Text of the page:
But then she stood on the sidelines while the landlord-controlled Congress -- led by her own brother and principal sugar baron Jose "Peping" Cojuangco -- gutted her proposal by adding loopholes and removing its teeth. Very little land has been given to the peasant farmers and her own family estate, Hacienda Luisita, has remained exempt from the reforms.

Aquino seemed to concede defeat in instituting her own programs earlier this year when she announced the formation of a grassroots movement called "Kabisig," which has been translated from Tagalog as "Arm-In-Arm" or "Linking Arms." Kabisig was aimed at bypassing the red tape of Congress and the bureaucracy and taking projects directly to badly needed rural areas by getting nongovernmental organizations and other service groups to work directly with key cabinet secretaries.

The idea was seen by some newspaper columnists and diplomatic analysts as an attempt by Aquino to regain the political initiative, but it was criticized by leading congressmen and senators as a ploy to try to enact programs over their heads, robbing them of the spoils of patronage.

But the very need for the movement to get projects enacted seemed to confirm that Aquino has been unable to control the political system and was trying to recreate the grass-roots and broad-based "people power" coalition of church groups and cause-oriented organizations that swept her into office.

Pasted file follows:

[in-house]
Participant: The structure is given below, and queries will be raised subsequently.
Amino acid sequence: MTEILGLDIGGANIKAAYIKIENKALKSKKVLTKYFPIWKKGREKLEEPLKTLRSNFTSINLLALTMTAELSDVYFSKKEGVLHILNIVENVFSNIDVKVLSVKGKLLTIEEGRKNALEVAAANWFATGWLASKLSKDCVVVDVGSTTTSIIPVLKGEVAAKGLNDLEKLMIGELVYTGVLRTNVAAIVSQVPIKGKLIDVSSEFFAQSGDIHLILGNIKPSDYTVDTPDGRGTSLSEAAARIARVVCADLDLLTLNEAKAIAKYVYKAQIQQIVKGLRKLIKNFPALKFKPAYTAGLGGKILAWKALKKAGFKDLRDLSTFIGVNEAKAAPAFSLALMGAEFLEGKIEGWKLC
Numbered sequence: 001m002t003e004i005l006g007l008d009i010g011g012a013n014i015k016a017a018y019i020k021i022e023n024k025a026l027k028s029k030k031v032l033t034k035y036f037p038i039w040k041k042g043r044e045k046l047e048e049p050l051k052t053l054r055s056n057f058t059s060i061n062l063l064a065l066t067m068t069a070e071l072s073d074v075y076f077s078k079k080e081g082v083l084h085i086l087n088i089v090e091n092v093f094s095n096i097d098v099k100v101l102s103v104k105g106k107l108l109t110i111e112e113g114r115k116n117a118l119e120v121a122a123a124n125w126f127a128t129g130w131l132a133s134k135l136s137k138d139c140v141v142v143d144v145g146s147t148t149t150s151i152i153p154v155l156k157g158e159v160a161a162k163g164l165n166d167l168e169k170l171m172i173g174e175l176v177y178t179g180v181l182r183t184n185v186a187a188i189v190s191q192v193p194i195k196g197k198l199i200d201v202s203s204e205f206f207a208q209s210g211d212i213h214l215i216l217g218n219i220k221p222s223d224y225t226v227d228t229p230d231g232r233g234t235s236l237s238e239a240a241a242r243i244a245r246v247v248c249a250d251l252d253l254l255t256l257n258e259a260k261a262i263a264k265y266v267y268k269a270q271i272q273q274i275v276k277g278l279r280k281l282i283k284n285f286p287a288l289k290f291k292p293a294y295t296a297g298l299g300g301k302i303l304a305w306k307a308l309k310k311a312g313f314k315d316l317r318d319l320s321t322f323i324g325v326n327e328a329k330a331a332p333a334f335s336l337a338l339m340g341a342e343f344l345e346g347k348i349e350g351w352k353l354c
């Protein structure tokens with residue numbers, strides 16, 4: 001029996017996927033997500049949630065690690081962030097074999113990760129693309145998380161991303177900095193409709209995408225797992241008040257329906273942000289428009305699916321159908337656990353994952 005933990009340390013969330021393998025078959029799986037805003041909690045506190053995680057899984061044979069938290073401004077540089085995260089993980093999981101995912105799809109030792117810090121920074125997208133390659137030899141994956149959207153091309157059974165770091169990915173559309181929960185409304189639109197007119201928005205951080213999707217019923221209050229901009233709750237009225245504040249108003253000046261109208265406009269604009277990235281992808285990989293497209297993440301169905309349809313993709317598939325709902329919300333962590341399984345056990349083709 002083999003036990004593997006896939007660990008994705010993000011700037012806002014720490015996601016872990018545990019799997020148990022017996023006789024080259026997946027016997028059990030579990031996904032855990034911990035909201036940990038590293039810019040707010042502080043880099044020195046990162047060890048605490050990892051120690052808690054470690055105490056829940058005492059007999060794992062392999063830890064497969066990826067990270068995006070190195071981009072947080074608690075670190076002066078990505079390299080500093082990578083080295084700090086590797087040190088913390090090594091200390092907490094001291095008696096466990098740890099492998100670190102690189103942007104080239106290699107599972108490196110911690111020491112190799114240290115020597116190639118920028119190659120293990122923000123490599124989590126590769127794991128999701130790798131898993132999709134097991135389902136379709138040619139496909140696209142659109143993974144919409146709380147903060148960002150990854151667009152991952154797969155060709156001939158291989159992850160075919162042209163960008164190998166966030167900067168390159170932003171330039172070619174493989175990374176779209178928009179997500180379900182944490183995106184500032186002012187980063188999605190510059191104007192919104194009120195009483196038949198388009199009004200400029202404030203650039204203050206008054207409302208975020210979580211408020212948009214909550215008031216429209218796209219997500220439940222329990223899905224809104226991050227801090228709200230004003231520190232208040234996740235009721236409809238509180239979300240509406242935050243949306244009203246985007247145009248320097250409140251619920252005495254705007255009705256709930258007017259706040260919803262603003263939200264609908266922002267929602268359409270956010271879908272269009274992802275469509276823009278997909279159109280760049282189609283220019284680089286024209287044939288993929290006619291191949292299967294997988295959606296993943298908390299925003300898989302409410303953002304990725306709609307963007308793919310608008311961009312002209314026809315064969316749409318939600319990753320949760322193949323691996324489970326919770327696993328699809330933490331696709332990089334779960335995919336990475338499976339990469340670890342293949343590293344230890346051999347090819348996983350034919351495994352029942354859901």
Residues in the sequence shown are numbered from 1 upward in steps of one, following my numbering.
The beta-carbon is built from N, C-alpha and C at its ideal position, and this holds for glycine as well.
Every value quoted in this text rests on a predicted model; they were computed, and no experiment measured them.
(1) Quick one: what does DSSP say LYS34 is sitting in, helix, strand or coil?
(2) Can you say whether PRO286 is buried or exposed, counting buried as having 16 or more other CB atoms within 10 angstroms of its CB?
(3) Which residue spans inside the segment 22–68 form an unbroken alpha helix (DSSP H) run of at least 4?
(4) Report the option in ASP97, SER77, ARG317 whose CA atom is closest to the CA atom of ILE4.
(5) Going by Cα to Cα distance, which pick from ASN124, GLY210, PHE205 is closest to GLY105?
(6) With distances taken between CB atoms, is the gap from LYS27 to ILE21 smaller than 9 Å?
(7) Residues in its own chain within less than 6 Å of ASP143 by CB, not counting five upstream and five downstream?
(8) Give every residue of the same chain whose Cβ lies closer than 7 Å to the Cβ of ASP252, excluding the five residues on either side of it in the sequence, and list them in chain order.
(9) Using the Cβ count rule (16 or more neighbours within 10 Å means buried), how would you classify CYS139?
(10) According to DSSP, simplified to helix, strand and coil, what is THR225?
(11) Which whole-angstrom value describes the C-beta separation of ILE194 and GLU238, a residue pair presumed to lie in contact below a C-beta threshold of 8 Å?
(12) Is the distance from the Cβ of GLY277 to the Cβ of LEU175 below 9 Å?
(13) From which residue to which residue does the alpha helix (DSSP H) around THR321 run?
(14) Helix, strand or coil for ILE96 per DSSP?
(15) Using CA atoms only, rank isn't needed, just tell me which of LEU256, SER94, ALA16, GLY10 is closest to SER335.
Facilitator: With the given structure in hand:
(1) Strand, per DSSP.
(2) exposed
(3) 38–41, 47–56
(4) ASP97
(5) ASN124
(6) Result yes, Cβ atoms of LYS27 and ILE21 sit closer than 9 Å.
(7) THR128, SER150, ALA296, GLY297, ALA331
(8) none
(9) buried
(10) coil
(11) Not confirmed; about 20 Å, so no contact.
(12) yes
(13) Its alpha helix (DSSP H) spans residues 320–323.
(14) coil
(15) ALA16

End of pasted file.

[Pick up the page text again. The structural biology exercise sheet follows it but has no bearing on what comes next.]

"Kabisig is her way of moving around her own hidebound bureaucracy, thus ignoring the fundamental problem," said a Western diplomatic analyst in Manila. " . . . She's a president with a distaste for using her political power. There are too many checks and balances in the system -- and here it is used by people with ulterior motives. She has frittered away the powers she did have."

Another senior diplomat here put it more bluntly: "Aquino has established democracy -- now we have to find somebody to make it work."

Aquino's vociferous supporters say such criticisms are unfair, and that the president does not get enough credit for her accomplishments. She restored constitutional democracy after Marcos's abuse of one-man rule, as well as an independent Congress and judiciary.

She reversed the negative economic growth of Marcos's last years in power, although the growth is likely to drop this year as a result of the upheavals in the Middle East and the shock to this country's oil supplies. And she has presided over a modest boom in new construction, in real estate, in new investment and in the Manila and Makati stock markets. She has also restored the legitimacy of the Philippine government abroad.